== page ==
Secretary of State Merrill speaks at Demopolis Rotary

Merrill discusses, defends Alabama’s voter ID law

Alabama Secretary of State John Merrill was in Demopolis Wednesday as a guest of the Demopolis Rotary Club. During the club’s meeting, Merrill spoke about the responsibilities of his office as well as his goal to ensure the integrity of state elections.

The secretary outlined the duties of his office, speaking specifically about elections.


“My goal is that every U.S. citizen who lives in Alabama is eligible to vote and has a valid ID,” he said, adding that his office has identified at least three locations where identification card drives are held each year.

“We continue to raise awareness of voter registration and the voter ID,” he said.

Merrill said much of the criticism of the voter ID requirement in Alabama is unfounded, citing that his office has registered over 930,000 voters since 2015, which he described as “unprecedented in the history of the state.”

“People have the right to their opinions, but not to their own facts,” Merrill said.

He cited the number of votes cast in recent elections, which he also described as unprecedented. In the 2016 presidential primary, he said 1.25 million votes were cast, in the presidential election a record 2.1 Alabamians voted, and in last year’s special U.S. Senate election, 2.3 million went to the polls.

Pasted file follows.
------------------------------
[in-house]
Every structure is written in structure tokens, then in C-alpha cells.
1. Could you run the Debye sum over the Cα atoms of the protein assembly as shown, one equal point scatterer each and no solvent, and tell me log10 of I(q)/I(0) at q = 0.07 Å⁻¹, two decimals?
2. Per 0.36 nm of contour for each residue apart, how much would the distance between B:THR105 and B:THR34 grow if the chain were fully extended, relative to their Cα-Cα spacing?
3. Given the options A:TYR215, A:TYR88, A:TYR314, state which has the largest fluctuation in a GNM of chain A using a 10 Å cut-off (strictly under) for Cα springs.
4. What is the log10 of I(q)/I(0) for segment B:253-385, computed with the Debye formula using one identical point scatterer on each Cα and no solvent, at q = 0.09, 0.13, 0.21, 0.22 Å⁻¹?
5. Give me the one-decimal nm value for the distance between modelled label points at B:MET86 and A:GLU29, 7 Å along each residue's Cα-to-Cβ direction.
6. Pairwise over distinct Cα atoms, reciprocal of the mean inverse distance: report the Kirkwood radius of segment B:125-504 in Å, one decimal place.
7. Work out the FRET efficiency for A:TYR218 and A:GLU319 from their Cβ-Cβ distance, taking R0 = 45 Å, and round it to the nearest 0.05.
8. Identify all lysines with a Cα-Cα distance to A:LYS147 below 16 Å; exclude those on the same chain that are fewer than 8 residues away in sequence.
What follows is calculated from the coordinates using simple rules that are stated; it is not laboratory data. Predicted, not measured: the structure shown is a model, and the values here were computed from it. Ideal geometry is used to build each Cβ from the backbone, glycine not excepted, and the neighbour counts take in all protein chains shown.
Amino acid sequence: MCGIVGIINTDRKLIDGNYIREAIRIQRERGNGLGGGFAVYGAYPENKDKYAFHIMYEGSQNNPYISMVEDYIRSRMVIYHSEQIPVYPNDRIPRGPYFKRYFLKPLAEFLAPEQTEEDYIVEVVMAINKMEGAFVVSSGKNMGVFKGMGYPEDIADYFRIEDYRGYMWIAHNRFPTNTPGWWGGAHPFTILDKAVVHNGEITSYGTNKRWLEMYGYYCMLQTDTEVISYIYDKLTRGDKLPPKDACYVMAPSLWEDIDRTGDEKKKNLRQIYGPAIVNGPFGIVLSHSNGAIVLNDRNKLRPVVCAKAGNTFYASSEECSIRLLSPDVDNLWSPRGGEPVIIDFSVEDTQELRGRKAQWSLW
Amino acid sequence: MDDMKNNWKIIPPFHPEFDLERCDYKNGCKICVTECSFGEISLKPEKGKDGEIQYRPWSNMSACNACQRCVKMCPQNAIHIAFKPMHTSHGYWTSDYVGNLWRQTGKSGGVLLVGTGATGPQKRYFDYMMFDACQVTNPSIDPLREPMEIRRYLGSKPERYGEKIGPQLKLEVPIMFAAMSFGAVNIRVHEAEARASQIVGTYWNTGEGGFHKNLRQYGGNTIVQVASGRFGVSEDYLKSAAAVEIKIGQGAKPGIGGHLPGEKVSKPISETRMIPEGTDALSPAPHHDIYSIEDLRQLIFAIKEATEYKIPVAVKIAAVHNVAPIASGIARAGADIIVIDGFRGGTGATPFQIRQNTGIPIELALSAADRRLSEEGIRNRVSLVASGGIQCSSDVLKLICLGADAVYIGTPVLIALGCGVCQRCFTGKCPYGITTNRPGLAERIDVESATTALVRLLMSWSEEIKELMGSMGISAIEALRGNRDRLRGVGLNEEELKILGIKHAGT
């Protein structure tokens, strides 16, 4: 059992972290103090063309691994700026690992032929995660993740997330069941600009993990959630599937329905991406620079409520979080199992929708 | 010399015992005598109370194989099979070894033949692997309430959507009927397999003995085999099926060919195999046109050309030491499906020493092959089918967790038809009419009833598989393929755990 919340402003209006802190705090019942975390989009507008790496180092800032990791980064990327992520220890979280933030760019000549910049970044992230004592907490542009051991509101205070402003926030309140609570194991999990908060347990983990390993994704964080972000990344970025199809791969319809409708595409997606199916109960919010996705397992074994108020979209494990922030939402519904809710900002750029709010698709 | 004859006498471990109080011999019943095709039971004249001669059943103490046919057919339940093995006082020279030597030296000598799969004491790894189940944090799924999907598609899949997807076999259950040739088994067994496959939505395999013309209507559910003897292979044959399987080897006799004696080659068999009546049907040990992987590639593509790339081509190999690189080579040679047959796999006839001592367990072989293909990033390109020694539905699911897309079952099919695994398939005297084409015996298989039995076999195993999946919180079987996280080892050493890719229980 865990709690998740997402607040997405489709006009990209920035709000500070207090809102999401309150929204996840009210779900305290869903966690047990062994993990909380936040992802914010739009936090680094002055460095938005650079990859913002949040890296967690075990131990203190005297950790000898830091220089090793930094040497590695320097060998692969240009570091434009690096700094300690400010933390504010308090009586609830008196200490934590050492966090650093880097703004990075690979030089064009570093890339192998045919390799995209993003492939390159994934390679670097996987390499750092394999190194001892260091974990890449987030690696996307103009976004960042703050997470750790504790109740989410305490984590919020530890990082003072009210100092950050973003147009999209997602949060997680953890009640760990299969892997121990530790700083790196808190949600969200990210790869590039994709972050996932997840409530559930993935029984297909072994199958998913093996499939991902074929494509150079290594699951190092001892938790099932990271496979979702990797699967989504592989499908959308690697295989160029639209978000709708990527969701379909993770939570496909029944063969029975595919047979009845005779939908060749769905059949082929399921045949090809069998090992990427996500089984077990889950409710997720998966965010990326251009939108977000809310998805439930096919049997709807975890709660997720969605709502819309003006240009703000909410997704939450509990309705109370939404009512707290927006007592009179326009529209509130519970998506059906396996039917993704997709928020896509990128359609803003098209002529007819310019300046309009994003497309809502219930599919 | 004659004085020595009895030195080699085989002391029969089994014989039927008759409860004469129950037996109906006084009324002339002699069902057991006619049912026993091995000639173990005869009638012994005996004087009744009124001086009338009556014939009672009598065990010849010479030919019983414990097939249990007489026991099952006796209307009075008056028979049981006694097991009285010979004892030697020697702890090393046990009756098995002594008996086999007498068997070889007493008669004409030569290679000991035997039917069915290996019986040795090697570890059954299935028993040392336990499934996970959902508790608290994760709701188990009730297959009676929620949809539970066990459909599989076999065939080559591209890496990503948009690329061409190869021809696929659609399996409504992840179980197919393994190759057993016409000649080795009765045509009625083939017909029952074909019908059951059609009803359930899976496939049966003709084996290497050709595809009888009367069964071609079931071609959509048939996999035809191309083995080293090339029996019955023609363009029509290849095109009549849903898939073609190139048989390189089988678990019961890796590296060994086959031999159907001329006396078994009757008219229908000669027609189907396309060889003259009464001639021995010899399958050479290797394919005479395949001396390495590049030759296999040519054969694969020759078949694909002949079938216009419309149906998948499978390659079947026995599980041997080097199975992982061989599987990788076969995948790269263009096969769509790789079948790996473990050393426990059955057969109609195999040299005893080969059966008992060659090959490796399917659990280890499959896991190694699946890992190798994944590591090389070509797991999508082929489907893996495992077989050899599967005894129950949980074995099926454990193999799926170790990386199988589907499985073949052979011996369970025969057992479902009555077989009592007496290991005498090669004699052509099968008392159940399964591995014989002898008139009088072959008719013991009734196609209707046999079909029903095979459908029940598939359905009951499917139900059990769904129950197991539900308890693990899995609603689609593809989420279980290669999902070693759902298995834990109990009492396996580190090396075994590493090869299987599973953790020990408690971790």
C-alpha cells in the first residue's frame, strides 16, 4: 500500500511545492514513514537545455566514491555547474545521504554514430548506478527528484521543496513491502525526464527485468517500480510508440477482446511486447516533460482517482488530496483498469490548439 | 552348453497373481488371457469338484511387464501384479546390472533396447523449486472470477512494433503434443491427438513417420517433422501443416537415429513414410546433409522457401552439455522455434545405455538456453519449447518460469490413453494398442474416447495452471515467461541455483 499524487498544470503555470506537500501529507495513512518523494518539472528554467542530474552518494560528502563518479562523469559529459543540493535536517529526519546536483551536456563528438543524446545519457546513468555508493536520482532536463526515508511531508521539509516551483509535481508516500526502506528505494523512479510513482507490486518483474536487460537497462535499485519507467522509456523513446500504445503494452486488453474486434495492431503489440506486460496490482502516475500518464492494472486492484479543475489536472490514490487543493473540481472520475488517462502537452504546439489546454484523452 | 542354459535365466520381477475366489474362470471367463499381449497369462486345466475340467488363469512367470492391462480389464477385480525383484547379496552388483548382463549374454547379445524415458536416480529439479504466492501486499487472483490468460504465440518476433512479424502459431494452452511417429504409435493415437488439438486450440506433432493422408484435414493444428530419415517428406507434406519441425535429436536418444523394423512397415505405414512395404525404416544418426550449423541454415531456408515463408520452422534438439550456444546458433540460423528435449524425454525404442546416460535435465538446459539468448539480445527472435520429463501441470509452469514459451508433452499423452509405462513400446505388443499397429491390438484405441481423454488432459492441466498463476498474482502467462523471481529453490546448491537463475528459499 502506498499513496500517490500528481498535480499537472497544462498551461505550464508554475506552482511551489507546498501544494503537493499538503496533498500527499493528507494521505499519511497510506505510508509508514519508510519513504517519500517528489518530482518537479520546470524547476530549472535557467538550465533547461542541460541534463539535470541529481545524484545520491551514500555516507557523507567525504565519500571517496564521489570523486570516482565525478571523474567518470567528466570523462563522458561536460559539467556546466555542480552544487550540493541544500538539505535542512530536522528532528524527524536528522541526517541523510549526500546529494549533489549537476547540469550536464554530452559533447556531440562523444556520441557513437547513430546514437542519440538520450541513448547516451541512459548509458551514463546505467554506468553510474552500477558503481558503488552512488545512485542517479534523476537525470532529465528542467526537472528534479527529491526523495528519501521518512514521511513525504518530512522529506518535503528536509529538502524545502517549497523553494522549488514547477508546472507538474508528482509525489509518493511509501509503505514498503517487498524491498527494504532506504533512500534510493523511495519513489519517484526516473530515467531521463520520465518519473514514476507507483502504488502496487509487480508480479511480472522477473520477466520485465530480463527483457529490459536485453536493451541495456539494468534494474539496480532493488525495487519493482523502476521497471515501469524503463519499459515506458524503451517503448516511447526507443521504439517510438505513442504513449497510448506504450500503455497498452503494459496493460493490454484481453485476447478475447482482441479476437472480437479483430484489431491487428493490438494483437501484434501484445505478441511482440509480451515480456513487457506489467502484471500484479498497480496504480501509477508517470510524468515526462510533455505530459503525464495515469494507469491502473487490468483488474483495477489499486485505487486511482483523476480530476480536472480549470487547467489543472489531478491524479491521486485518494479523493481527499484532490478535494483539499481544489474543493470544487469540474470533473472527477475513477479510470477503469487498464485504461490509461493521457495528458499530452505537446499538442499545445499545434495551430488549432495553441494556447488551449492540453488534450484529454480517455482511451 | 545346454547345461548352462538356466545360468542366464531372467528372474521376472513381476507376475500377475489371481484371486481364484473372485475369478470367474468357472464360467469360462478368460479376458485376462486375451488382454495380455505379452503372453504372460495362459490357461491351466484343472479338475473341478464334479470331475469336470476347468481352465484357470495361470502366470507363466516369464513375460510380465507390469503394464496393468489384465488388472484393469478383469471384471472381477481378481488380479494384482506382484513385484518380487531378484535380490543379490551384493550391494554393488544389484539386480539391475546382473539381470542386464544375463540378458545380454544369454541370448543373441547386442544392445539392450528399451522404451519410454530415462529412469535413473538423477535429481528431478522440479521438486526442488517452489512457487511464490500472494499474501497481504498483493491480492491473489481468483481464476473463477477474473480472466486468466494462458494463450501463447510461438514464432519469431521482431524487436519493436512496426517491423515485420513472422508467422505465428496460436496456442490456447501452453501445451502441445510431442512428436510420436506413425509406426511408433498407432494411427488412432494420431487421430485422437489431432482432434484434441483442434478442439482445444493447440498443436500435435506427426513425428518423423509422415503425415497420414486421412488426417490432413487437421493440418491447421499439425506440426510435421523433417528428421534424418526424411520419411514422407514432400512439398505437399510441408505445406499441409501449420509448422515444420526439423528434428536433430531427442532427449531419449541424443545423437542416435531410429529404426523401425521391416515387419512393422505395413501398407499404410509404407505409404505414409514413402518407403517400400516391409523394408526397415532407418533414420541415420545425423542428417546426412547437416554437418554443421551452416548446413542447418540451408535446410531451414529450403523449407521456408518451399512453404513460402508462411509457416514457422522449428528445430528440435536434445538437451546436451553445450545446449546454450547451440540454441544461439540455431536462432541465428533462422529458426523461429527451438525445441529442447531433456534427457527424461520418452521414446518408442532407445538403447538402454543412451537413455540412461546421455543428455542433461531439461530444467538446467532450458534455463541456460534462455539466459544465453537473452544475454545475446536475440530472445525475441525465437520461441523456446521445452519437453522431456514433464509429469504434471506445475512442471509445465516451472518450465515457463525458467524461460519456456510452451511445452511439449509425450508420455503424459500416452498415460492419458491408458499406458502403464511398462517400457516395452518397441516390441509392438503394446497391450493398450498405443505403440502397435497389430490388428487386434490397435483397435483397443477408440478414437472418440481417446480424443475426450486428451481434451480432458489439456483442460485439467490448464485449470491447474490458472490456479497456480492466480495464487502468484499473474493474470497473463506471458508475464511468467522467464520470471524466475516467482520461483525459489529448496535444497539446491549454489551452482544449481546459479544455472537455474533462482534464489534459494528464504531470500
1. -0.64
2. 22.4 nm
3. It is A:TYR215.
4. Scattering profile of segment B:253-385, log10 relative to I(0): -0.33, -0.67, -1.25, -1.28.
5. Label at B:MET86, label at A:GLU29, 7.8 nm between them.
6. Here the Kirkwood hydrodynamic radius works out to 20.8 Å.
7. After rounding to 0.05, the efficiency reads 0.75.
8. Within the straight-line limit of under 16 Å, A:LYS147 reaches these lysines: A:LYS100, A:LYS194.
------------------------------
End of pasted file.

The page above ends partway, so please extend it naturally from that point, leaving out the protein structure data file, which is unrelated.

Recent legal efforts to stop the voter ID requirement have also been defended successfully, he said.

“A federal judge dismissed a lawsuit (brought by the NAACP), saying every state should be doing what Alabama does. We are making it easier to vote and harder to cheat,” Merrill said.

When asked about possible voter fraud in some counties, Merrill said there has been no proof of it happening. “There is no county where we had more voters than residents. Some of the problem has to do with inaccurate census numbers.”

He said there were attempts by outside agents to scan the voting system during the 2017 presidential election, but that no breeches of the system occurred.

The office of Secretary of State has undergone changes since his election in 2014, according to Merrill, as he said filings that used to take months was now being done within days.

“We want to be a net resource for the state and not a net taker,” he said. “We are making it easier for business … we are not moving at the speed of government anymore, we are moving at the speed of business.”

(This article originally appeared in the Saturday, March 24 issue of the Demopolis Times.)